Hon Rob Johnson JP MLA

Hon Rob Johnson JP MLA

Former Minister for Police; Road Safety

    Mandatory jail for drug offences against children

    14/08/2011 12:00 AM
     

    Adults who manufacture, cultivate or prepare illicit drugs that cause harm to a child will face a mandatory minimum jail term of 12 months, under tough new drug laws proposed by the Liberal-National Government.

     

    There will also be a mandatory minimum jail term of six months for any adult who is convicted of a second or subsequent offence for selling or supplying drugs to a child or exposing a child to harm through the manufacture, cultivation or preparation of drugs.

     

    Police Minister Rob Johnson said the wide-ranging drug reforms were part of the Misuse of Drugs Amendment Bill 2011 he would introduce into State Parliament this week.

     

    Mr Johnson said the laws were aimed at protecting children from the insidious drug trade, as well as the dangers posed by clandestine drug laboratories.

     

    “We have reached a point in this State where the number of clandestine drug laboratories uncovered by WA Police has spiralled out of control,” he said.

     

    “This year alone, about 120 clan labs have been detected, with numerous cases of explosions occurring at private residences due to the volatile mix of chemicals used in the manufacturing process.

     

    “What is frightening is that children have been present at a quarter of these clan labs, posing an enormous threat to their health and their lives, not to mention the lives of children in neighbouring residences and schools.

     

    “Enough is enough - we want to send a clear message to the community that illicit drug use, supply and manufacture will not be tolerated and any adult that exposes or causes harm to a child through drugs will receive a jail sentence.”

     

    The Minister said the legislation removed sentencing options such as fines, community based orders or intensive supervision orders for a range of drug offences involving children, which would ensure a person received a jail sentence commensurate with the severity of the offence.

     

    The legislation proposes four key reforms:

     

    1.     Causing harm to a child - first and subsequent offence: where a person, who was an adult at the time the offence was committed, is convicted of manufacturing or preparing a prohibited drug, cultivating a prohibited plant or possessing certain chemicals, and the offence was committed in circumstances which caused bodily harm to a child under the age of 16 years, the court must impose a minimum term of imprisonment of 12 months and must not suspend the term of imprisonment.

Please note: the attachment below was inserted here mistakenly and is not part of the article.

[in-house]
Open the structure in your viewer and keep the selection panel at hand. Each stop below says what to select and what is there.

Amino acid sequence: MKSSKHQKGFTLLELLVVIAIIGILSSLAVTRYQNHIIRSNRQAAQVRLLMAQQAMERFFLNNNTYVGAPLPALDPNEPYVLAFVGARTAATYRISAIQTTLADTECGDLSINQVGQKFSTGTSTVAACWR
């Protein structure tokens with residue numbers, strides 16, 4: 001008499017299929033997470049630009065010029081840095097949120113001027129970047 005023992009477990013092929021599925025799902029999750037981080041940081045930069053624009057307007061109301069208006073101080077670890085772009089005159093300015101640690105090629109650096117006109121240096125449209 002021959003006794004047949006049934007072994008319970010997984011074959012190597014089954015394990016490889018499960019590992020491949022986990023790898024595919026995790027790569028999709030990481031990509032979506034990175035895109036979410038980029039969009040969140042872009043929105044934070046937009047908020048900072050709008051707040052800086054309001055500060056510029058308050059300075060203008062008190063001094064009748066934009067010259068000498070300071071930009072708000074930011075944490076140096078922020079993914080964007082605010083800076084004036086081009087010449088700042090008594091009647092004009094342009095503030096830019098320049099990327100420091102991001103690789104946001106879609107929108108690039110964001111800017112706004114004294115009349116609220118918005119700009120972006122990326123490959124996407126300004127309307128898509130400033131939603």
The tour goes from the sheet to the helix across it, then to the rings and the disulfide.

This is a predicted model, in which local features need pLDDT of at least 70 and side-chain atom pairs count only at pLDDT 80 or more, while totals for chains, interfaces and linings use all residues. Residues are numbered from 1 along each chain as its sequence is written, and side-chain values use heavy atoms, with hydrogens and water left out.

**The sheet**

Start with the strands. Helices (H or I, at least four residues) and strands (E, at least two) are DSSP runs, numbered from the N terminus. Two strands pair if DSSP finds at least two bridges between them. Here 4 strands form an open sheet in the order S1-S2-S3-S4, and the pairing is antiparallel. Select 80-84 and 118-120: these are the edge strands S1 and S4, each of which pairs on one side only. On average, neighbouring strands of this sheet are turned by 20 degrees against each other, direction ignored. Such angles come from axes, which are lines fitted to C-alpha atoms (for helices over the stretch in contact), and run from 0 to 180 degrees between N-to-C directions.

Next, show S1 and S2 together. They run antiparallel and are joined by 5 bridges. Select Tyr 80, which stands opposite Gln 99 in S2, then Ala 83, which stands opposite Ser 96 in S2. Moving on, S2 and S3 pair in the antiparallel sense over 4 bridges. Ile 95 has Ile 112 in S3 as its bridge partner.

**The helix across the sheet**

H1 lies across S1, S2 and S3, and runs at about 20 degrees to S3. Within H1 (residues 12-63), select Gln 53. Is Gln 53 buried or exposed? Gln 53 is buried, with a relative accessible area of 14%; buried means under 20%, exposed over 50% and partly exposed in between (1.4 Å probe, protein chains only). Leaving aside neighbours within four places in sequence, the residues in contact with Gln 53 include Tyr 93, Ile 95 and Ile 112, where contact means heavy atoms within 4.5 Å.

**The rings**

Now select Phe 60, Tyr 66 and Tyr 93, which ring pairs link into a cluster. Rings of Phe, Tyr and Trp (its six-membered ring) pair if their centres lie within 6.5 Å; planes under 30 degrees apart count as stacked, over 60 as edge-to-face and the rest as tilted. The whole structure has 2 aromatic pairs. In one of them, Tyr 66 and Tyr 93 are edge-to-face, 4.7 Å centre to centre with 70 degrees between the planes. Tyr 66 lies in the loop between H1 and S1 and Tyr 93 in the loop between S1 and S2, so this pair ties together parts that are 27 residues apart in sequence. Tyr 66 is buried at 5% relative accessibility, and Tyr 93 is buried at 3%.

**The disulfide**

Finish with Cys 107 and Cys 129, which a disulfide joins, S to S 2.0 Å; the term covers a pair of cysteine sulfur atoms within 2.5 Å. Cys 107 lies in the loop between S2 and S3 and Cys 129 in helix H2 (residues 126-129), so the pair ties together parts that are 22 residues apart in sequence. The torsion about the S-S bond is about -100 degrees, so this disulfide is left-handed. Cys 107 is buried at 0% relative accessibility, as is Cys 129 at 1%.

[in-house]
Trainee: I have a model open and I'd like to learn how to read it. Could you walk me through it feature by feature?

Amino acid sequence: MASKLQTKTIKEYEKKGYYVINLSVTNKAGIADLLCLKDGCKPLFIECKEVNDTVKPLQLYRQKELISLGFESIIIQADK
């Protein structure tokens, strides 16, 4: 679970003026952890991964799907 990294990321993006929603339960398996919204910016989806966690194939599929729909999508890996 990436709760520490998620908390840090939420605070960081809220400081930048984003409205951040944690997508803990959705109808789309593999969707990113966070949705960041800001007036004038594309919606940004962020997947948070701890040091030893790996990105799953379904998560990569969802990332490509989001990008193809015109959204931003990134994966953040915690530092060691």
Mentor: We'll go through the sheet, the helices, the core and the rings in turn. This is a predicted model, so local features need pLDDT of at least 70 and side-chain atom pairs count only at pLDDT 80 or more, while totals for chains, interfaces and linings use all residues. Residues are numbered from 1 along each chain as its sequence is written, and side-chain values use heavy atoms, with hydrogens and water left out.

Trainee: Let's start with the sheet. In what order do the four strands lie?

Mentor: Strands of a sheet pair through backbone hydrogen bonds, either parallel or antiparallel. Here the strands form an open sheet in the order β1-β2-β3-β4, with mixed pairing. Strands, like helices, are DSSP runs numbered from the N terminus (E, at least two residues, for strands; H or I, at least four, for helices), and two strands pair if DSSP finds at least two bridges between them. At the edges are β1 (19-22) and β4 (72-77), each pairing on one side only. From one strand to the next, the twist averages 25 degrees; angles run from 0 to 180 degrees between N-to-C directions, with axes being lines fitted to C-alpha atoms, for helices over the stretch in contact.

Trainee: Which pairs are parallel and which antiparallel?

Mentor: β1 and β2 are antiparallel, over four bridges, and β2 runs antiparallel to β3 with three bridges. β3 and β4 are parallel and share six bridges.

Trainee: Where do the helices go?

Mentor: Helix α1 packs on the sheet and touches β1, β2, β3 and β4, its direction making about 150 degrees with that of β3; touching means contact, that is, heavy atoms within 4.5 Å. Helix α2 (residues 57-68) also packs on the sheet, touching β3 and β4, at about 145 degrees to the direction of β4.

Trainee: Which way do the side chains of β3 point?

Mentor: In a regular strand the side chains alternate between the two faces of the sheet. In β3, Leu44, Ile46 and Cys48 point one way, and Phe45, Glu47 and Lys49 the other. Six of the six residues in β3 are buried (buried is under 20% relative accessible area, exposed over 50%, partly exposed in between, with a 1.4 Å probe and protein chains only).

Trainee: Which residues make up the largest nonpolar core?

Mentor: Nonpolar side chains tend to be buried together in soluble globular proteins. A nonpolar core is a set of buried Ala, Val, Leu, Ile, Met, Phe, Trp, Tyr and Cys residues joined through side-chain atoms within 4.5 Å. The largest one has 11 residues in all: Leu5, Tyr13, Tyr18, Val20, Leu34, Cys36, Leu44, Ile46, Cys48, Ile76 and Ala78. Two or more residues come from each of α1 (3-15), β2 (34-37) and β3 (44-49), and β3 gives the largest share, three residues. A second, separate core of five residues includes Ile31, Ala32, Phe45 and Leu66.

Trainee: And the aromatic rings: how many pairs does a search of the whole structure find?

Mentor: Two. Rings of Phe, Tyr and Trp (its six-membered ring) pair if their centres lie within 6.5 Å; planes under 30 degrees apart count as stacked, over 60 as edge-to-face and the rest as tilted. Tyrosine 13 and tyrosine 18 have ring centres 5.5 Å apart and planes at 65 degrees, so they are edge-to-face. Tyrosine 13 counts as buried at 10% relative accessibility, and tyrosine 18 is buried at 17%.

2.     Exposing a child to harm - first offence: if a person, who was an adult at the time the offence was committed, is convicted of manufacturing or preparing a prohibited drug, cultivating a prohibited plant or possessing certain chemicals, and the offence was committed in circumstances which endangered the life, health or safety of a child under the age of 16, the court must use only one of the following sentencing options:

           suspended imprisonment

           conditional suspended imprisonment

           a term of imprisonment.

     

    For a second and subsequent offence, the courts must impose a minimum mandatory jail term of six months imprisonment.

     

    3.     Selling drugs to children - first offence: when the court is sentencing a person, who was an adult at the time the offence was committed, for selling or supplying, or offering to sell or supply, a prohibited drug or prohibited plant to a child under the age of 18 years, the court must use only one of the following sentencing options:

           suspended imprisonment

           conditional suspended imprisonment

           a term of imprisonment.

     

    For a second a subsequent offence, the courts must impose a minimum mandatory jail term of six months imprisonment.

     

    4.     Drug paraphernalia ban: the display and sale of any drug paraphernalia will be prohibited, with the following penalties:

           $10,000 fine for displaying drug paraphernalia for sale in a retail outlet

           $10,000 fine for selling drug paraphernalia to an adult

           $24,000 fine or imprisonment for two years or both for selling drug paraphernalia to a child

           $36,000 fine, imprisonment for three years or both for possessing drug paraphernalia containing traces of a prohibited drug or prohibited plant.

     

    Mr Johnson said the legislation fulfilled a Liberal Party election commitment to toughen penalties for drug offences involving children.

     

    He said the State Government would continue to target the illicit drug trade in Western Australia with further reforms being considered.

     

    Minister's office - 9222 9211